Last week I flew through San Francisco and took the chance to swing into both of the brewery owned airport restaurants in the United terminal, Anchor Brewing Company and Gordon Biersch. Each was enjoyable, I have been going to Gordon Biersch every time I passed through San Francisco for the past 6 years, but only discovered the Anchor Brewing restaurant about a year and a half ago. Unfortunately, the time I discovered it was also the last time I flew through San Francisco until last week. I knew though that I would have to swing by both breweries as I waited for my red-eye flight (6 hours in the airport, fun right?). Tonight I will cover the Anchor BrewingCompany, tomorrow night will be a write-up on Gordon Biersch.
So, between the two options I decided to stop at Anchor Brewing first to get some dinner, an unbelievably good Crab and Swiss melt on sourdough with a side of piping hot fries. It was a great dinner, unfortunately the sandwich was a bit small for the $14.95 price. I also ordered the first beer of the night with my dinner, the Anchor Porter (5.6% ABV).
Anchor Porter currently has a 92 on Beeradvocate with a 99 from the Bros. Over at ratebeer it has a 99 overall and a 100 for the style.
Intimidating color. Unexpected taste. Welcome to American Porter.
With deep black color, a thick, creamy head, rich chocolate, toffee and coffee flavors, and full-bodied smoothness, Anchor Porter® is the epitome of a handcrafted dark beer.
A blend of specially roasted pale, caramel, chocolate, and black malts, along with our top-fermenting yeast, creates complexity without bitterness. The brew is hopped at a high rate, and naturally carbonated. The result is dark in the glass, but surprisingly light on the palate.
Anchor Porter® became the first modern American porter when it was introduced in 1972. As we celebrate its 40th anniversary, our porter continues to reward those who look beyond its intimidating appearance to discover its smooth, full-bodied drinkability. Anchor Porter® is the definitive American Porter.
First Brew: 1972
First Bottling: 1974
Alc. by Volume: 5.6%
Malt: Blend of 2-Row Pale, Caramel, Black & ChocolateHops: Northern Brewer
First off, if you want a good classic porter, there are few better. The Anchor porter is a very dark, opaque mahogany with an impressive dark tan head. The roasted malt aroma is backed up by a slight sweetness with chocolate and toffee notes. The flavor is of rich roasted malt, chocolate and toffee with a very slight bitter coffee bight that becomes increasingly more prevalent as the beer gets warmer. This is an awesome beer and anyone who likes porter should get a bottle, or better yet look for it on tap at your local bar.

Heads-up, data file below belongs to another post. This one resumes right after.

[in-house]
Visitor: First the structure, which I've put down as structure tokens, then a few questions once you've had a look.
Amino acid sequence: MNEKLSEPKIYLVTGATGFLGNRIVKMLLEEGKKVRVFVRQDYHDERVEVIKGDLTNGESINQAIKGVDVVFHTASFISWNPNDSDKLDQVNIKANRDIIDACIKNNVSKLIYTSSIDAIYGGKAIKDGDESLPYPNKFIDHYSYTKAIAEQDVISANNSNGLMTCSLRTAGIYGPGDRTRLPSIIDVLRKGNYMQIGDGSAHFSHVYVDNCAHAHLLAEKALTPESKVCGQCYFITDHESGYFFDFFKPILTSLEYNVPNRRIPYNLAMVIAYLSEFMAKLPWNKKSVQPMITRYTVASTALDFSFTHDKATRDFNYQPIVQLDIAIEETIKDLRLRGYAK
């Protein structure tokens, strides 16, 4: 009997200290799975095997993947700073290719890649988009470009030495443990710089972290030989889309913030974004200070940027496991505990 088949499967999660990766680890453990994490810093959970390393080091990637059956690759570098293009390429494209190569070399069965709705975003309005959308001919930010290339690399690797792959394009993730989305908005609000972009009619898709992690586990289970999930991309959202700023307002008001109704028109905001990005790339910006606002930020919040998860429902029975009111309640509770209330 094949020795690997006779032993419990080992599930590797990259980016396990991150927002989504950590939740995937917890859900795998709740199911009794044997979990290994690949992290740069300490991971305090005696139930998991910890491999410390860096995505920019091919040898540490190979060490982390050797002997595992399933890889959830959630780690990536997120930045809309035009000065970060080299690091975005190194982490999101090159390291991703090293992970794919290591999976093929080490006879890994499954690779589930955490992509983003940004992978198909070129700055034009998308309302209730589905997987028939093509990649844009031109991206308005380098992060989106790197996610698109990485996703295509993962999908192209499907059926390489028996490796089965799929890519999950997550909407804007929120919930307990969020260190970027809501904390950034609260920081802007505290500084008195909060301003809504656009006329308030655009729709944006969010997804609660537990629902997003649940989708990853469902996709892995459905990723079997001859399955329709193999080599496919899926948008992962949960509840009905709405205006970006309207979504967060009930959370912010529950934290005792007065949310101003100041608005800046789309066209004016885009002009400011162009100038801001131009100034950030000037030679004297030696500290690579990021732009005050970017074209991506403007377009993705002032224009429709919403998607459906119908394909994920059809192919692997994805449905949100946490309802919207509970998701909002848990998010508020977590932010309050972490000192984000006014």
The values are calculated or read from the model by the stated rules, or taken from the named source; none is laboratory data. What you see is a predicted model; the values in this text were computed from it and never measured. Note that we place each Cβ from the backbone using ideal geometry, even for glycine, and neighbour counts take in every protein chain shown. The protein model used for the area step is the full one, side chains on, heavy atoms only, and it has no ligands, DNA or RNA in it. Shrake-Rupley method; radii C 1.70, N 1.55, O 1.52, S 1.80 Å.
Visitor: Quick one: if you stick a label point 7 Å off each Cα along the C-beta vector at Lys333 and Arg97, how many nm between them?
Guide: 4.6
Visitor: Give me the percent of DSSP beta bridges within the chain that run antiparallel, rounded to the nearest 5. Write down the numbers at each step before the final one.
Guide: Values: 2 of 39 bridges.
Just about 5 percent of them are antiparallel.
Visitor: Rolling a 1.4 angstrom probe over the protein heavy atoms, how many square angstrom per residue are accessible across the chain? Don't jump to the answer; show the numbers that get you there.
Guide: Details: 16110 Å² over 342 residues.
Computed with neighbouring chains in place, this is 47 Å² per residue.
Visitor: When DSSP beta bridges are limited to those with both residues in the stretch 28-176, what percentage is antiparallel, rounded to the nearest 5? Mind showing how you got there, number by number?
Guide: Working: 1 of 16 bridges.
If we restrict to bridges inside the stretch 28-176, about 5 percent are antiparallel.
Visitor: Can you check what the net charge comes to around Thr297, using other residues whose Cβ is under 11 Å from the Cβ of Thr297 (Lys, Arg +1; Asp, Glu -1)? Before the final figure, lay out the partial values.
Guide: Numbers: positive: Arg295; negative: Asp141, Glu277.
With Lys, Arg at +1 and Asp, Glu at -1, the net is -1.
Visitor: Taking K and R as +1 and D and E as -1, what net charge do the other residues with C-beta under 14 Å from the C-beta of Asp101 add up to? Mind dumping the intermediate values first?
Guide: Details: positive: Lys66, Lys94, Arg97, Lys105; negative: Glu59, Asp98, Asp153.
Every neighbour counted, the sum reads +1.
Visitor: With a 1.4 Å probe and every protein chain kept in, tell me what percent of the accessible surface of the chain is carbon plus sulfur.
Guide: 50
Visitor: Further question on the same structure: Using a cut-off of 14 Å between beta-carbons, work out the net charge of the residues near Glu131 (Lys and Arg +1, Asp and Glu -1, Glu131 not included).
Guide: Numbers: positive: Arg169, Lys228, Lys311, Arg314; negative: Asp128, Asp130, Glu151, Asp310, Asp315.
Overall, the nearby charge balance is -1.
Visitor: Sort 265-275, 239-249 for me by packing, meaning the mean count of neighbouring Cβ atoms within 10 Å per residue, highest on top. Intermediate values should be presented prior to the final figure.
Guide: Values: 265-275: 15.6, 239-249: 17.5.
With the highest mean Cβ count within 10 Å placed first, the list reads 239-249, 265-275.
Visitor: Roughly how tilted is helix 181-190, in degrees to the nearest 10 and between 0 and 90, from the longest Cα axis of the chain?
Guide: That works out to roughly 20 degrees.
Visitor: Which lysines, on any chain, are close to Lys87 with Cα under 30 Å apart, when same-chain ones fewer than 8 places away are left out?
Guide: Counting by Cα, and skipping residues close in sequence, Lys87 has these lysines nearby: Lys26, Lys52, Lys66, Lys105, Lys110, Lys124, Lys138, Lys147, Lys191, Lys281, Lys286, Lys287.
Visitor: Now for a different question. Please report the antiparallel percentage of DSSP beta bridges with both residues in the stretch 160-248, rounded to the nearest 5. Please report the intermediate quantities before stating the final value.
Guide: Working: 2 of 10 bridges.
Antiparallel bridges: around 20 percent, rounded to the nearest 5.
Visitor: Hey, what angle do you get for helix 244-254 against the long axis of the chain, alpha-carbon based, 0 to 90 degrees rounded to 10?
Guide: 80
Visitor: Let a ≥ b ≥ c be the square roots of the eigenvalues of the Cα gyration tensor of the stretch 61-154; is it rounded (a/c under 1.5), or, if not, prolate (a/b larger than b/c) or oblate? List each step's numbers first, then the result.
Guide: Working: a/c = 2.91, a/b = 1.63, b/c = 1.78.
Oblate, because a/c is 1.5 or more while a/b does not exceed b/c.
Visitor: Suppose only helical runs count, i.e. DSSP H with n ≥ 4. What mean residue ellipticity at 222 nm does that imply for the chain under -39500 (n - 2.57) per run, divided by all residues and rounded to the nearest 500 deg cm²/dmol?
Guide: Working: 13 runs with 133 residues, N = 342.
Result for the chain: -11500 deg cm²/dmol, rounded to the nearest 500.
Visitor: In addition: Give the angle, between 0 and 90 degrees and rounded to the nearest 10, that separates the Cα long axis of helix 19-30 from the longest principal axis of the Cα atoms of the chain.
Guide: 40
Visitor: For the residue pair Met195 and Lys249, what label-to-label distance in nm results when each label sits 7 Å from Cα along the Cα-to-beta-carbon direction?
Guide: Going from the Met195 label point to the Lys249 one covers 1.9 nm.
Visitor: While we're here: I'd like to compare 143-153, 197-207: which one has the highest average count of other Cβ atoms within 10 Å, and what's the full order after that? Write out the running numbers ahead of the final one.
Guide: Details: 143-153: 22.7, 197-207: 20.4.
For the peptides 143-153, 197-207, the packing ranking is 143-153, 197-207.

Next up was the Anchor Summer Beer (4.5% ABV).
On Beeradvocate the Summer Beer has a 77 with an 82 from the Bros. Over on ratebeer it has a 33 overall with a 52 for style.
Crisp and cool as a San Francisco summer.
The crisp, clean flavors of Anchor Summer ® Beer are refreshingly light, a thirst-quenching American-style filtered wheat beer.
Released each year in advance of the summer season, Anchor Summer ® Beer is an all-malt beer, with over 50% of its malt derived from malted wheat. It is fermented with a traditional top-fermenting "ale" yeast, yielding a clean, balanced flavor that highlights the refreshingly light flavor of malted wheat. The head is unusually abundant due to the natural protein deposits of wheat, with a thick consistency similar to meringue.
First brewed in the summer of 1984, Anchor Summer ® Beer is the first American wheat beer in modern times. Anchor Summer ® Beer is intended to be a lighter beer for those who don’t want to sacrifice tradition or character.
First Brew: 1984
First Bottling: 1984
Alc. by Volume: 4.5%
Malt: Blend of 2-Row Pale & Malted Wheat
Hops: Goldings & Glacier
I had high hopes for the Summer Beer because I am a big fan of wheat beers due to their refreshing nature and well rounded, smooth flavor. It pours a light golden color with a white head, unfortunately it was served with very little head, but a few sips and some swirling produced a very nice one. There is a very light malt aroma, more similar to an American lager than an American Wheat (although American Wheat beers have noticeably less character in the aroma than German wheat beers due to the clean fermenting American yeast strain). The flavor is very light and grainy, no discernible hops. I don’t often add fruit to my beer, but I was more than happy to add the lemon that the bartender paired with it for some added flavor complexity. The wheat was a slight let down, and certainly was not the excellent representation of the style that the porter was.
The Anchor Brewing Company restaurant in the airport is an excellent stop for some great beer and some great food, just be warned that it is a sit down restaurant with the typical restaurant wait times. There are many negative reviews of the restaurant from people who went there expecting pre-cooked food under a heat lamp and were angry that they did not receive their food immediately after ordering. However, if you are willing to wait for the food (10-15 min), and want to have an excellent beer there are plenty of reasons to stop by and stay for a few. Heading to the airport restaurant just intensified my desire to stop by the actual Anchor Brewery the next time I am in San Francisco!
That’s all for tonight, come back tomorrow for a write-up on the airport Gordon Biersch.